Plagiarism Lessons

http://www.readwritethink.org/lessons/lesson_view.asp?id=158
http://ec.hku.hk/plagiarism/content_brief.asp
http://nausetschools.org/research/works2.htm
http://tutorials.sjlibrary.org/tutorial/plagiarism/index.htm
http://www.techlearning.com/article/1346

After looking a several lessons – do you see any that would work for your classes? Why or why not?

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8 responses to “Plagiarism Lessons

  1. The second website could be used as an introduction to this concept–the subject matter is Mickey Mouse which may be more interesting to read, but the tutorial on our school’s website is more challenging and gives our students a better idea of what constitutes plagiarism.
    I do wish they was a more “fun” and interesting way to present this–but not everything in life is fun and interesting!

  2. Like others, I think that plagiarism lessons could stand to have a fresh new face…something more jazzy or visual or interactive to get kids connected to the concept. I wonder if a student group could design something that would be appealing to their peers, even something really corny, just to get kids talking about plagiarism. I did find my way into the San Jose tutorial, which had some visual appeal to it, which might help kids remember particular rules. Here’s the link… http://tutorials.sjlibrary.org/tutorial/plagiarism/tutorial/introduction.htm?flash=yes

  3. I was able to find a short video from UNLV that wasn’t overly university specific, and I think it might get the point across pretty well with some in-class backup. It wasn’t particularly exciting, but it had some amusing parts. Additionally, it covers everything that needs to be covered. I would — like Pam — like to see something more interesting, but I think I could add information (about real-life cases and humorous examples of bad paraphrasing, for instance) to liven it up a bit.

  4. I think they are okay and sometimes they will have to sit and get. It is coming up in the rest of their life. I found a story http://www.mefeedia.com/entry/video-plagiarism-controversy/10008628/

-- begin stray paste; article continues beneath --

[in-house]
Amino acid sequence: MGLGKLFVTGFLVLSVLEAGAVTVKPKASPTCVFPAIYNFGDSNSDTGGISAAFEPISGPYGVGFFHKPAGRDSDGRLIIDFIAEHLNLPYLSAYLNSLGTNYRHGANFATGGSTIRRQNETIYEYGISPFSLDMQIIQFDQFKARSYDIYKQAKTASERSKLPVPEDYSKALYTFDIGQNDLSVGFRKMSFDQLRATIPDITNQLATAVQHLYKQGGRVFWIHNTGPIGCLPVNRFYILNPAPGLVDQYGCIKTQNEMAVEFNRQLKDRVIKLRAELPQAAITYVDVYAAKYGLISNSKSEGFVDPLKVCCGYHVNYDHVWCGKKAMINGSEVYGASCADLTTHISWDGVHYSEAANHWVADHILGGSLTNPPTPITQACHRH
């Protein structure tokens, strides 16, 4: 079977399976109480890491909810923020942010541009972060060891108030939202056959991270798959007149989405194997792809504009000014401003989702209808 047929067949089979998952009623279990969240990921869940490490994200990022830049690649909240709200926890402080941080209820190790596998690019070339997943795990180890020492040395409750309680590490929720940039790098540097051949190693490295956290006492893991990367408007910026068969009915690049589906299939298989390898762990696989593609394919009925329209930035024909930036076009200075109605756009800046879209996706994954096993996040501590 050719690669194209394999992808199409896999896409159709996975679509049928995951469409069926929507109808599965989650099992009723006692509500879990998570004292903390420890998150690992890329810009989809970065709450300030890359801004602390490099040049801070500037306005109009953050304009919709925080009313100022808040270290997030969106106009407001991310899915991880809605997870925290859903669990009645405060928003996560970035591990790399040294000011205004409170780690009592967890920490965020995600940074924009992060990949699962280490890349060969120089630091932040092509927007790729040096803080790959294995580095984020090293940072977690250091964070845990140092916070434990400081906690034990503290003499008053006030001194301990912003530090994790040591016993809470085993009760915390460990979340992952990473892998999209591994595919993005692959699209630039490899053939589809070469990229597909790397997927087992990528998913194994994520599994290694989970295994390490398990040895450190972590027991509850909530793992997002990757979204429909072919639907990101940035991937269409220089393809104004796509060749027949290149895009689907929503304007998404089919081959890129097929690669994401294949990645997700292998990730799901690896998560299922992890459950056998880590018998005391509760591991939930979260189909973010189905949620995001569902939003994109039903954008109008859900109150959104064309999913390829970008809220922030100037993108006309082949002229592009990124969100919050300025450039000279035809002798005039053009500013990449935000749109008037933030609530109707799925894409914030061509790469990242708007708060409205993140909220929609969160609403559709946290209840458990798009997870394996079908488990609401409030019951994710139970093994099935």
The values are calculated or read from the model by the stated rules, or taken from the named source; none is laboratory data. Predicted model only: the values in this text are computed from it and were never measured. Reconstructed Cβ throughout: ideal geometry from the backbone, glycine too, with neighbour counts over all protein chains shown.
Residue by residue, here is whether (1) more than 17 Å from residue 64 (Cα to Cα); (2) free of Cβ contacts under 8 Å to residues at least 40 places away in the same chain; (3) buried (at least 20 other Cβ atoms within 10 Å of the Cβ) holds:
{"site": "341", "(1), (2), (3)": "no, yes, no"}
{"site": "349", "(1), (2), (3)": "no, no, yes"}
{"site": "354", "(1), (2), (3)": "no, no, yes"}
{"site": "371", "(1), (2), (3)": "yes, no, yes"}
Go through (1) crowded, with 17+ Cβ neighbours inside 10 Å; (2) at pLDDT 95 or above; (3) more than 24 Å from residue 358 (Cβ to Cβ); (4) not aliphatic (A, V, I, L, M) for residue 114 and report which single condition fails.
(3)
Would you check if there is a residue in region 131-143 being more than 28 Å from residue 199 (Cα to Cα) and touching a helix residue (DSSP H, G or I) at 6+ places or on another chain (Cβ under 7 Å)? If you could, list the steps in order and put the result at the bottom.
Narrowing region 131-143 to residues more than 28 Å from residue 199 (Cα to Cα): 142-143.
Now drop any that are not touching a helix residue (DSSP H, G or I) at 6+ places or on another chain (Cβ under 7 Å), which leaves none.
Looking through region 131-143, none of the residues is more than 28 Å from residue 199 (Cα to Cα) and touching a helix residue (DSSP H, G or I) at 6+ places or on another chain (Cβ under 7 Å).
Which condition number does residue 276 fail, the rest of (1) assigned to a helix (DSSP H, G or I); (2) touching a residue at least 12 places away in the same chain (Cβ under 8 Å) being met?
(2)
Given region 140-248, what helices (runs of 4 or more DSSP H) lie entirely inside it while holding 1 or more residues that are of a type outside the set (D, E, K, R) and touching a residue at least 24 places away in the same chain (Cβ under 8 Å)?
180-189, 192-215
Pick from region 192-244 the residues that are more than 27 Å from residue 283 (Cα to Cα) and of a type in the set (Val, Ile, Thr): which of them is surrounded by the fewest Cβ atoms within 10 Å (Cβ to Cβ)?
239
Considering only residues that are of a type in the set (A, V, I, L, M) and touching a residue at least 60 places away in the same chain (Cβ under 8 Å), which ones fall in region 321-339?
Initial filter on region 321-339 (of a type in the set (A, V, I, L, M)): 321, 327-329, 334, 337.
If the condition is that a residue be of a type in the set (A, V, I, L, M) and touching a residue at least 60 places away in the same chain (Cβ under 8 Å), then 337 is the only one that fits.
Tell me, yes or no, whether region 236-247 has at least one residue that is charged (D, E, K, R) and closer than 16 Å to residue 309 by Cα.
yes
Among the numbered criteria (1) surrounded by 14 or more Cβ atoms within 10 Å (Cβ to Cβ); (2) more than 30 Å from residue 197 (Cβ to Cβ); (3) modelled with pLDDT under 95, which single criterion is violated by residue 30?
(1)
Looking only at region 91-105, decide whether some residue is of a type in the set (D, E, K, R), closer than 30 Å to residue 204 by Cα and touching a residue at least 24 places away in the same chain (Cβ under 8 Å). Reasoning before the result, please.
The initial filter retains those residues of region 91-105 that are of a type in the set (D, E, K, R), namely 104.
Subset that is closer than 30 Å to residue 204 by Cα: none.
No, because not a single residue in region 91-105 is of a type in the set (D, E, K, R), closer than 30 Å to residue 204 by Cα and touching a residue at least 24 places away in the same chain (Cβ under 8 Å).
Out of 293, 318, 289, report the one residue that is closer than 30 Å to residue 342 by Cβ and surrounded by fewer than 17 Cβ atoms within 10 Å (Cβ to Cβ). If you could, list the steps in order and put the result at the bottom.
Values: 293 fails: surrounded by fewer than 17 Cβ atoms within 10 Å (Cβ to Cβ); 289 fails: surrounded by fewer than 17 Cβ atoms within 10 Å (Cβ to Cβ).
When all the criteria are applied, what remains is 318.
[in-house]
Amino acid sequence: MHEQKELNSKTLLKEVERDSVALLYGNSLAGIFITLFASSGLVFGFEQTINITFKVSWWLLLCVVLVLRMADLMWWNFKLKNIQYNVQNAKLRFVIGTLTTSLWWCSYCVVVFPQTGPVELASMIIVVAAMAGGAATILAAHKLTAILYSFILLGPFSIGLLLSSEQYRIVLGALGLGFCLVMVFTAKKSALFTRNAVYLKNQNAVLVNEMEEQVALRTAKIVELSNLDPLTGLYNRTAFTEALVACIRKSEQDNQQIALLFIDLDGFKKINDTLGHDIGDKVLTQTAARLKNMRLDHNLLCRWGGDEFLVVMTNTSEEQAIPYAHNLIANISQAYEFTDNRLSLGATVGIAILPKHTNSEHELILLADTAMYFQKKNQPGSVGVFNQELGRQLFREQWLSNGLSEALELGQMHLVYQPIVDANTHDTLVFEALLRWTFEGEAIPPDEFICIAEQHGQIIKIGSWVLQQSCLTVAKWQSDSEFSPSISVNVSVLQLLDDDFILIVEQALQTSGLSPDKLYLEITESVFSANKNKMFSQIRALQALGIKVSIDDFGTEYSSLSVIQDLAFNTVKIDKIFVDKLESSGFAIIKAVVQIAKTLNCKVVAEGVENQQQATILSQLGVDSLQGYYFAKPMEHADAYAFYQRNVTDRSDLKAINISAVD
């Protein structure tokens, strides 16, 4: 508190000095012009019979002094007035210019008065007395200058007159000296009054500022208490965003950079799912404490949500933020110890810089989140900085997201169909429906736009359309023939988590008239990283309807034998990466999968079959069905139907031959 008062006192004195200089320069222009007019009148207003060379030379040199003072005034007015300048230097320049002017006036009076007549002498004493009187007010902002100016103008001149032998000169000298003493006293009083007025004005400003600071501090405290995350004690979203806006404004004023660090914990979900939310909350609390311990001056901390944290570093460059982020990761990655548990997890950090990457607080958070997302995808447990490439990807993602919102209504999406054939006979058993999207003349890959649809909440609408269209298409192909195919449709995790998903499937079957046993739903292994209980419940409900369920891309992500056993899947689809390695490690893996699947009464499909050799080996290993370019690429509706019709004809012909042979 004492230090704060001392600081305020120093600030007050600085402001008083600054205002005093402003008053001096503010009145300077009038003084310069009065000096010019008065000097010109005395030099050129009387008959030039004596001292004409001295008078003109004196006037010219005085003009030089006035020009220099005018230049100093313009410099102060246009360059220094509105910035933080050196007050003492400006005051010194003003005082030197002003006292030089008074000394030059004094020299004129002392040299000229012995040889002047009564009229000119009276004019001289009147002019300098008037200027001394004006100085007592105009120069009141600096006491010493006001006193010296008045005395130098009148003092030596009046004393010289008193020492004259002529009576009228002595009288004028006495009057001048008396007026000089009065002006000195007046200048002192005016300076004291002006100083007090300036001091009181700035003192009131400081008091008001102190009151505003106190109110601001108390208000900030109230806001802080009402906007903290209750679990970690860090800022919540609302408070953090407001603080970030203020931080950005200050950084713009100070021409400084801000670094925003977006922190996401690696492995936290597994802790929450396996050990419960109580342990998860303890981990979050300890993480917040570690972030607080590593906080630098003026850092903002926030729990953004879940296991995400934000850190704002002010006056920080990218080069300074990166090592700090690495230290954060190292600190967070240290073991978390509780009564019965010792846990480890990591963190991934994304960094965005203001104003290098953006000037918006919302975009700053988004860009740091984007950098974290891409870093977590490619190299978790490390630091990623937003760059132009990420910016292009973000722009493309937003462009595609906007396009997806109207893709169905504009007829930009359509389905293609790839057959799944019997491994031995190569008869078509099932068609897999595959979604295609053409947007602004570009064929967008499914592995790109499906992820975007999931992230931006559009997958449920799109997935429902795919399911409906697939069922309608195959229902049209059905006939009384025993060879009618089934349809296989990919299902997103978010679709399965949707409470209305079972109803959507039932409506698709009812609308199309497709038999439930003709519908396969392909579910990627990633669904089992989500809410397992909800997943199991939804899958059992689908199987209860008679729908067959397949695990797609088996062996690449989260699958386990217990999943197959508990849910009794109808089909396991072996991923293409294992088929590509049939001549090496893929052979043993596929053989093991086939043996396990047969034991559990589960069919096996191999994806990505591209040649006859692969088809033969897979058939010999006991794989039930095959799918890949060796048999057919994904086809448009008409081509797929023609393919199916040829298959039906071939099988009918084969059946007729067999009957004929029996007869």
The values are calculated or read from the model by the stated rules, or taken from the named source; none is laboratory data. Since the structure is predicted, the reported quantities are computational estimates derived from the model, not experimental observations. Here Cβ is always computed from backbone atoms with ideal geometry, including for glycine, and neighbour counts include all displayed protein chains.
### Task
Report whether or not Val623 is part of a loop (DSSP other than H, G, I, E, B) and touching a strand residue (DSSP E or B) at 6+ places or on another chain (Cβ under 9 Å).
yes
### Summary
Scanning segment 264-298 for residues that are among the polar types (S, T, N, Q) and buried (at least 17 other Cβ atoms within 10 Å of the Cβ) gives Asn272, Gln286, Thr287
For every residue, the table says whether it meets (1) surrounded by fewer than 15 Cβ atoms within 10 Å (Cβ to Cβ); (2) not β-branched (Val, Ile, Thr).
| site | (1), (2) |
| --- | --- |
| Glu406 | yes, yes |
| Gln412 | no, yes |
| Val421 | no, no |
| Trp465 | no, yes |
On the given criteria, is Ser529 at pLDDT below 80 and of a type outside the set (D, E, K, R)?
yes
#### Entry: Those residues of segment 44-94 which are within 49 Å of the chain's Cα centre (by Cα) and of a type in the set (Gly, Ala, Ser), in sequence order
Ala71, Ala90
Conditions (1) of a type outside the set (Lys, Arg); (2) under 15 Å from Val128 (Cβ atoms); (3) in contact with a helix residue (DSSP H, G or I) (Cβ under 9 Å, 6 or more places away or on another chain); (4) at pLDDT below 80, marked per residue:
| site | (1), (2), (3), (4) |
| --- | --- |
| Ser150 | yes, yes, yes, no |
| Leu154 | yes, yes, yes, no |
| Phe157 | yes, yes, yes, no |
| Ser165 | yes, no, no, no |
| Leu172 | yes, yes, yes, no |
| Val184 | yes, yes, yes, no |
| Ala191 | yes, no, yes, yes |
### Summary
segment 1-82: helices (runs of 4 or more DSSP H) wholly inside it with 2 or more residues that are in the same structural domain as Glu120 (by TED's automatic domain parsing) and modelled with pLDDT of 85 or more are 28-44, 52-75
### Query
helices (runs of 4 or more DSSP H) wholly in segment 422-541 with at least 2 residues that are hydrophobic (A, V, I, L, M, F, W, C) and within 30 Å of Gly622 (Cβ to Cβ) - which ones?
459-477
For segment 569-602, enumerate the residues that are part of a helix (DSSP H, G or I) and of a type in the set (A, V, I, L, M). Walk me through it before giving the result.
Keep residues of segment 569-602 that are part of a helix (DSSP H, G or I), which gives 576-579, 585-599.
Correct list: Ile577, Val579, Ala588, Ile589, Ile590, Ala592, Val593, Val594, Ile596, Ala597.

It is just a leader

  5. Most of the sites that I looked at really didn’t provide the information in a format that would make it very “kid friendly” for my 5th graders. Even the ReadWriteThink site, while it had good information, the examples were all for older students even university age.
    I looked at the Lees Summit IT site and they didn’t really have much for the elementary age child.
    I did think the kindergarten article was good because it made the idea of a child’s artwork having copywrite. Most kids would get that.

  6. I liked this website because it is leveled by grade and is an excellent scaffolded resource for our younger students. I appreciate the recognition that elementary students are not developmentally ready to use internal citations and formal Works Cited or Bibliographies. I do still like note cards with information for Bibliography and basic facts so that they are more likely to paraphrase.

  7. Thanks for highlighting resources from ReadWriteThink. We are very proud of what we have to offer on the site! If you are interested, we pay educators in the field to publish lesson plans and share teaching ideas. Let me know if you would like more information.

  8. We’re using a PP presentation and other info on our website (including a Voki of “me” informing students to never, ever plagiarize). The information for our presentation came from some of these sites and others.

    It’s a never-ending struggle, but let’s all keep plugging away at helping our students respect intellectual property!

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